Trip Report: Reflections on ERP Software in Shanghai

(Copyrighted 2007. Photo by R Wang. All rights reserved)

Miss the energy and excitement during the dot com boom? Well it's alive and well in Shanghai! While consumer and internet software remains hot and starting to mature, enterprise software in particular emerges as virgin territory in a rapidly growing market. (I and am still in awe of what I heard, saw, and felt.) Rapid fire growth in key industries such as manufacturing, financial services, telecommunications, utilities, government and of course high tech drive the charge towards the adoption of packaged applications. China demonstrates significant potential for the following reasons:
  • Strong infrastructure. The Chinese government provides significant software infrastructure. Specifically, power, internet connectivity, and telecom networks exhibit stronger reliability in uptime than India and some parts of North America and EMEA.
  • Rich talent pool. With considerably more universities and training facilities, the pool for Chinese software talent runs deep and wide. Like India, the expat community remains vibrant with 1000's returning from abroad on a monthly basis.
  • Labor advantage. When the US was pushing offshore development just 10 years ago, Indian vendors now turn to China for advantages in labor arbitrage. Rising costs in India make China attractive though rates are rising.

During my time in Shanghai (July 27th to August 3rd), I had opportunities to speak with many customers, partners, and executives at the Big 4 major Chinese ERP vendors: Yongyou (Ufida), Kingdee, Digital China, and Newgrand. What makes this market unique is that the local vendors build their own ERP systems for the SMB market and then many of them resell software for the western vendors such as SAP, Oracle, Infor, Micrsoft, Lawson, QAD, Epicor, and IFS in enterprise install bases.

Homegrown vendors demonstrate a tendency to:
  1. Provide mostly SMB tailored offerings
  2. Focused first on accounting and "multi-book" accounting capabilities
  3. Deliver truly localized and customized extensions on their own offering or on a competitors
  4. Exhibit a strong determination to build out their capabilities into the "m" part of SMB
  5. Demonstrate true co-opetition as they partner, resell, and compete with competitors to deliver solutions
  6. Compete with local system integrators that believe they are also software providers as they deploy localized versions of Western applications
  7. Lack strong marketing capabilities for the Western multi-national


This market remains extremely hot for enterprise applications. Market share numbers are quite murky, but the competition among Western vendors runs fierce by industry verticals. For example customers will see the following vendors by industry:
  • Public sector: SAP, Oracle, and Microsoft
  • Fashion: Lawson, Microsoft
  • High tech: Oracle, Microsoft, SAP
  • Utilities: Oracle, SAP, IFS
  • Manufacturing: Oracle, SAP, Infor, Micrsoft, Lawson, QAD, Epicor, CDC - Ross, and IFS
  • Telecommunications: Oracle, SAP
  • Gaming: Infor, Epicor
Enterprises face the challenge of selecting software that must meet rapidly changing requirements of a growing marketplace.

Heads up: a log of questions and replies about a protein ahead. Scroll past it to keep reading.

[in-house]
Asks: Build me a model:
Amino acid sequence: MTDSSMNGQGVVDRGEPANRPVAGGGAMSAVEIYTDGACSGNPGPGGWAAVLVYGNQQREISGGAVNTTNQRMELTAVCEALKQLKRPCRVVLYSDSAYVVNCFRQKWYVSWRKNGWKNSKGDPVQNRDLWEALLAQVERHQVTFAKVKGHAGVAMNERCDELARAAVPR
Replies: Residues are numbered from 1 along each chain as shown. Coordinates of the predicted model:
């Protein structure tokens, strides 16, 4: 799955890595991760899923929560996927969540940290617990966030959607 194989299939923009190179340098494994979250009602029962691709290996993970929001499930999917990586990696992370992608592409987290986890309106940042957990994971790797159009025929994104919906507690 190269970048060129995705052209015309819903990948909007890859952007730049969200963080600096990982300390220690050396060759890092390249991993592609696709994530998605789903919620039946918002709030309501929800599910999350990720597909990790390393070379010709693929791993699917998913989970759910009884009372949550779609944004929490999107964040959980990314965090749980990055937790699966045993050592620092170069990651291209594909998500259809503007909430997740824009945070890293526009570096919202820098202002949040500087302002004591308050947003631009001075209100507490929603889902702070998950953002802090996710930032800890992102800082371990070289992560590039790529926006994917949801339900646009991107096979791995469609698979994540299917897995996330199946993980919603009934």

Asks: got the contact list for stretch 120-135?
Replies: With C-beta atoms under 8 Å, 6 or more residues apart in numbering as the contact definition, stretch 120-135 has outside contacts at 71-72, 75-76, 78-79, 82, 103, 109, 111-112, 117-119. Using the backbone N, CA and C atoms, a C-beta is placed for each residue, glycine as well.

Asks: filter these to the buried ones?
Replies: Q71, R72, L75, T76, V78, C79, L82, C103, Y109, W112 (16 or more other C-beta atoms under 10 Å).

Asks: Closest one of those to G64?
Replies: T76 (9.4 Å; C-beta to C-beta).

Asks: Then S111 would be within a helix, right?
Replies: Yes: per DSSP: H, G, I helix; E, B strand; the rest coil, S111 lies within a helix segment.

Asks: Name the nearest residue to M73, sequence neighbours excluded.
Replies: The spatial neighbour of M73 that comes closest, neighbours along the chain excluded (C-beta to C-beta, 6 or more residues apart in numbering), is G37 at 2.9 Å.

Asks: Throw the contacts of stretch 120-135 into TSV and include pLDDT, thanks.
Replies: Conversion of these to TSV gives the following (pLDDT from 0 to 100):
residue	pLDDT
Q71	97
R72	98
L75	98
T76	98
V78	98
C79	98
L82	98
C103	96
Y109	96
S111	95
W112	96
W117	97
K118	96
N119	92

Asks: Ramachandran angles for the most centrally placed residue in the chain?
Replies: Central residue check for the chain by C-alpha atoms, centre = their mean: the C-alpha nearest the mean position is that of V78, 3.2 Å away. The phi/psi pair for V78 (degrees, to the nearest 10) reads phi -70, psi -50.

• Local prospects and customers must think long term. Rapidly growing Chinese prospects and customers must move beyond the short term selection criteria of low cost, localization, and language support. As these SMB's become the next large enterprise, support for SOA standards, industry functionality, interoperability, and long term application platforms must play a significant part of the vendor selection process. Homegrown vendors may achieve the size and scale to compete with Tier 1 vendors. However, in this rapidly consolidating market, a Tier 1 will more than likely acquire a homegrown vendor in order to gain market share, acquire additional local know-how, and cement a presence in this growing market.
  • Multi-nationals will require local system integrators for delivery. Most multi-nations conducting business in China will look to their existing Tier 1 vendors to provide significant localization as well as alternative deployment options such as SaaS and hosting. Buying a solution in this market requires careful consideration of both the vendor and the related partner system integrator capability. For example, stakeholder centric applications that impact employees, partners, customers, and suppliers will require the expertise of local SI's who will be able to provide the needed customizations and extensions.
  • Challengers must act quickly. New vendors must quickly add significant business or risk being shut out by established western and homegrown vendors. Vendors such as Oracle, Infor, QAD, and Lawson will be positioned to succeed because of the strong networks and relationships that have been built over time. Challengers must quickly win the hearts and minds of home grown partners and vendors as this market will most likely begin consolidation over the next 12 to 36 months.
(The personal contents in this blog do not reflect the opinions, ideas, thoughts, points of view, and any other potential attribution of my current, past, or future employers.)
Copyrighted 2007 by R Wang. All rights reserved

Thursday, August 9, 2007

Companies get smarter...what's the future role of analysts?